USA files Statement of Interest – supports Branch qui tam relators’ Motion to Strike defendant’s third party claims

Although the United States has declined to intervene and is therefore not a party to this action, the United States remains the real party in interest, entitled to share in any recovery that may be obtained in the qui tam action…The United States therefore has a substantial interest in ensuring that the FCA is interpreted correctly…The United States herein takes no position on the overall merits of any of the claims or third-party claims raised in this case or Fidelity’s opposition brief.  The United States submits that Relator’s motion to strike the third-party claims for overpayment asserted by defendant Fidelity against its individual flood-insurance policyholders named in Relator’s complaint should be granted, in keeping with well-established law prohibiting third-party practice in FCA cases.

In a June,  SLABBED reported the first Statement of Interest filed by the USA in the Branch qui tam case  Support for Rigsby qui tam found hanging on the Branch qui tam docket. Background on the issue prompting the USA to file a second  Statement of Interest –  defendant Fidelity’s assertion of third party claims – can be found in the recent SLABBED post, taproot – digging out the fact of Branch qui tam.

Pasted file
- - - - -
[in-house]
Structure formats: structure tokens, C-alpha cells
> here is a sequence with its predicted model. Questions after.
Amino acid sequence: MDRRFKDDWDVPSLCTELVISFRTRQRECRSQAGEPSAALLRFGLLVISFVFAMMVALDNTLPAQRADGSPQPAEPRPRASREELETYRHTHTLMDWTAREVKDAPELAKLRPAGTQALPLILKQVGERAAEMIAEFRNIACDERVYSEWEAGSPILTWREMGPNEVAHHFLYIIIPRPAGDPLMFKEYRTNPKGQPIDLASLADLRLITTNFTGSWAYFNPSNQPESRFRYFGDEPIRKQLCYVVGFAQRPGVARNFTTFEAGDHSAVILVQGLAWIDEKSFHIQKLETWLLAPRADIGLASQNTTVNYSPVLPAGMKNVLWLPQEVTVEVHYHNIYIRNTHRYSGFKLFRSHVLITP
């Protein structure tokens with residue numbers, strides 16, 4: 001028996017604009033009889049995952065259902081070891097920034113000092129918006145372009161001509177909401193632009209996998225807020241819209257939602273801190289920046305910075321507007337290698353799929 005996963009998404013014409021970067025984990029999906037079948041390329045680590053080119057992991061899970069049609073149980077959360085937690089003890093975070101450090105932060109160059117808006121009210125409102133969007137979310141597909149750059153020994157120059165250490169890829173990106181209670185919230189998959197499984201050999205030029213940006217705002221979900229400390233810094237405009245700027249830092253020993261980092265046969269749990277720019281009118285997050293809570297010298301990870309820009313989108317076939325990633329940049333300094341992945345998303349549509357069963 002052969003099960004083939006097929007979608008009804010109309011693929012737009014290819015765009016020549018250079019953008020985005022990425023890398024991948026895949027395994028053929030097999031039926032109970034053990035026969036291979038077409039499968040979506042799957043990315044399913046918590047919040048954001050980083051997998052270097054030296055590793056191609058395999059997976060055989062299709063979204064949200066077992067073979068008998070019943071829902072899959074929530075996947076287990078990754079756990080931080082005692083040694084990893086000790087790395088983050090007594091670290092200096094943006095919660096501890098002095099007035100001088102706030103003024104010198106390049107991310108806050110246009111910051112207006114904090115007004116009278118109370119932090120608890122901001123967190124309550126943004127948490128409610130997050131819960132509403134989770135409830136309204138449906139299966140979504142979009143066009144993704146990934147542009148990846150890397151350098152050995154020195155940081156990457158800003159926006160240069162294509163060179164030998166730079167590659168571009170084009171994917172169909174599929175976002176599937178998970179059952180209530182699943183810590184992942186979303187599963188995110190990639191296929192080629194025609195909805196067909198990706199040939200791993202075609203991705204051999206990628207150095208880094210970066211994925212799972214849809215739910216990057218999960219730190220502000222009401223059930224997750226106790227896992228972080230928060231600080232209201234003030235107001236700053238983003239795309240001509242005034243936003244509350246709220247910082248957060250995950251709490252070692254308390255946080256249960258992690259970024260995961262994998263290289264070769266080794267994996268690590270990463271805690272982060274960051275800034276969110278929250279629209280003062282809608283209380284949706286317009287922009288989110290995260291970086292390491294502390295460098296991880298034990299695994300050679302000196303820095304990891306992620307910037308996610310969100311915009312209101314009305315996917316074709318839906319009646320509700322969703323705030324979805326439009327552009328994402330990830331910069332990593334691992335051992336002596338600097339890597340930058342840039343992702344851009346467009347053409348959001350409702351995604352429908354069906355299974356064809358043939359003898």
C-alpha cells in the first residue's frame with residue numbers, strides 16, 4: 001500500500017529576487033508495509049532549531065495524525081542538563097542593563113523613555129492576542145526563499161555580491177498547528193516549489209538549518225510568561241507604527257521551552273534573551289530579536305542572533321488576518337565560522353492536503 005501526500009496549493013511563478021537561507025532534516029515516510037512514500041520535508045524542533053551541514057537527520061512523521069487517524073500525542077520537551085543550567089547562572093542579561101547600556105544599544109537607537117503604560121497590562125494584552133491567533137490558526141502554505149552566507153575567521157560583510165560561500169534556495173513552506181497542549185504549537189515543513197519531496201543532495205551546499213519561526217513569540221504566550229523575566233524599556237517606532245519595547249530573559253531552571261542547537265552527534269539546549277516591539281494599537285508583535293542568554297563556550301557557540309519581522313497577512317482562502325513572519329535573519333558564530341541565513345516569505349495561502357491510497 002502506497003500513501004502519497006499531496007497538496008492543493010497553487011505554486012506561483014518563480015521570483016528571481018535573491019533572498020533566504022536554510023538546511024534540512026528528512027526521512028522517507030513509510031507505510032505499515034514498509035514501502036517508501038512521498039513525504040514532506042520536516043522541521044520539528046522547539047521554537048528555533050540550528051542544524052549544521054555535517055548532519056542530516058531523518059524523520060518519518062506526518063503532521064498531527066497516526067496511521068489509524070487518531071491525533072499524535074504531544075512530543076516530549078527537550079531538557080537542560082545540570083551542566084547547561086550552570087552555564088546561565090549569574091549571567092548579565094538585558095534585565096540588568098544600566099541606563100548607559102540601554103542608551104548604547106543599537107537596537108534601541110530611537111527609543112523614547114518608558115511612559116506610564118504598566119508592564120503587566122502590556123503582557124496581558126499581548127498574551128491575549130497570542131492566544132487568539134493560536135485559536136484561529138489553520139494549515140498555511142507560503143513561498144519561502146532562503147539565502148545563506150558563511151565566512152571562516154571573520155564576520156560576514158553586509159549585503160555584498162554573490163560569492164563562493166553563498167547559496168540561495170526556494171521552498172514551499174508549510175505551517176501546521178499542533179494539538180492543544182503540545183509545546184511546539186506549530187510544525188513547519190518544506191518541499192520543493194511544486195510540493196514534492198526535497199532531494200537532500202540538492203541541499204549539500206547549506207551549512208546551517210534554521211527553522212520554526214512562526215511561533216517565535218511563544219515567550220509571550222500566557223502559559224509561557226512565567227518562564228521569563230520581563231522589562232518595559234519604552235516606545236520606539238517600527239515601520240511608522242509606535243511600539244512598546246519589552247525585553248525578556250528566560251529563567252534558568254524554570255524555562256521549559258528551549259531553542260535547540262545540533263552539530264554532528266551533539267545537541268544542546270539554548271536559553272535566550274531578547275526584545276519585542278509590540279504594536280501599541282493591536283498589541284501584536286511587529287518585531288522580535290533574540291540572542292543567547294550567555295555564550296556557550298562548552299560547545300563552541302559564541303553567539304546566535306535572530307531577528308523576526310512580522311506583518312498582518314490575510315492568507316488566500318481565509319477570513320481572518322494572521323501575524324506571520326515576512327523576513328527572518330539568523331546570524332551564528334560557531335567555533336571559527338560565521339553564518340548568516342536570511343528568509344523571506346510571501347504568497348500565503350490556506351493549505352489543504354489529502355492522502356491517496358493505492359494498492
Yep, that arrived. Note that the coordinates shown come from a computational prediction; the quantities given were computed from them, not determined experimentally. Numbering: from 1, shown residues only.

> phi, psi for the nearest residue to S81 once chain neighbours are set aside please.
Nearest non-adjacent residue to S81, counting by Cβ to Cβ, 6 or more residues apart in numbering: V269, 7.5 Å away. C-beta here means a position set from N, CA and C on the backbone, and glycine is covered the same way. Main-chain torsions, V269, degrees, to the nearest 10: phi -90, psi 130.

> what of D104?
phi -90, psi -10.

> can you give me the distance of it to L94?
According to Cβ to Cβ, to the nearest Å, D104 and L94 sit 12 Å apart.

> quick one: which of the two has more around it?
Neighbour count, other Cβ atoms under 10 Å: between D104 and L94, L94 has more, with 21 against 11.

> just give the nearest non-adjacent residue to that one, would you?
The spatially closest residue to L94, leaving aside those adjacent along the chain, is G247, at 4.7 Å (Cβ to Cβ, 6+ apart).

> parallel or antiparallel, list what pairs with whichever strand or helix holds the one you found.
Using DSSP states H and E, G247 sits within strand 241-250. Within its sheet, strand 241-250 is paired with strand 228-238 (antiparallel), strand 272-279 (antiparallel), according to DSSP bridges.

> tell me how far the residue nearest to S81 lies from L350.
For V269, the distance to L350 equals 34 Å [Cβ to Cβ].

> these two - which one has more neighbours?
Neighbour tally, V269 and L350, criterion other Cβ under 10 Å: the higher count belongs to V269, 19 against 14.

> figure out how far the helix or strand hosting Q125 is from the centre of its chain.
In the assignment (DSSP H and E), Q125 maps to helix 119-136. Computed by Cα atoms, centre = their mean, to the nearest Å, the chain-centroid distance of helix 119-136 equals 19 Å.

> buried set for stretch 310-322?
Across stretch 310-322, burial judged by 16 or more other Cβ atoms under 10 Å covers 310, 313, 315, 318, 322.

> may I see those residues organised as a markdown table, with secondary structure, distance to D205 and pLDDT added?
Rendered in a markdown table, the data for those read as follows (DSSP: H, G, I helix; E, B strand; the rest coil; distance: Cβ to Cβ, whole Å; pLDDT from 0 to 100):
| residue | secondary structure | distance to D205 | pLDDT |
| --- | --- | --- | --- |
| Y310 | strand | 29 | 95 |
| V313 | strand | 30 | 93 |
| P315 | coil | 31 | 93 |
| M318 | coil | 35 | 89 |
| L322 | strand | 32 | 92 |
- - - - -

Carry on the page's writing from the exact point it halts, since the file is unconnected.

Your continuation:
While a striking departure from the conduct of the USA in the Rigsby qui tam, these statements of interest reflect nothing than the need for the President to fill the vacant US Attorney positions in Mississippi – preferably with individuals who understand  the prosecutor’s special duty is not to convict, but to secure justice.

As was the case with the first, the US Attorney’s office in Baton Rouge has demonstrated  the competence and commitment necessary to fulfill a “prosecutor’s special duty” in this second Statement of Interest: Continue reading “USA files Statement of Interest – supports Branch qui tam relators’ Motion to Strike defendant’s third party claims”

OMG, Nowdy went to Plato’s Cave looking for the illusion of coverage in anti-concurrent causation (but don’t start any rumors, she has three children)

Talk about having doubt about the meaning, what do you make of this?

I was looking through my Bloglines feedreader last night under my folder labeled “anti-concurrent cause,” and saw this really good post from the Slabbed blog.   This is a fascinating discussion not only of Katrina damage, but of the theory of illusory insurance coverage.  It’s old, now, the post, from the nostalgia file, but it is still worth talking about.

I thought Sop was “illusionating” when he told me about the reference; but, the compliment is real and so is later disclaimer:

So I can’t agree with the premise presented, both by the author, nowdoucit, and quoted material from policyholder lawyer Chip Merlin, that anti-concurrent cause language is in any way ambiguous or illusory.

My first response, however, is neither ambiguous nor illusory.  It’s simply a thank you to David Rossmiller for opening a timely discussion on anti-concurrent causation and another thank you to Chip Merlin for holding up his end of the conversation and our shared position.

Disagreeing with the premise, however, is contrary to fact established in Dickinson v Nationwide. Continue reading “OMG, Nowdy went to Plato’s Cave looking for the illusion of coverage in anti-concurrent causation (but don’t start any rumors, she has three children)”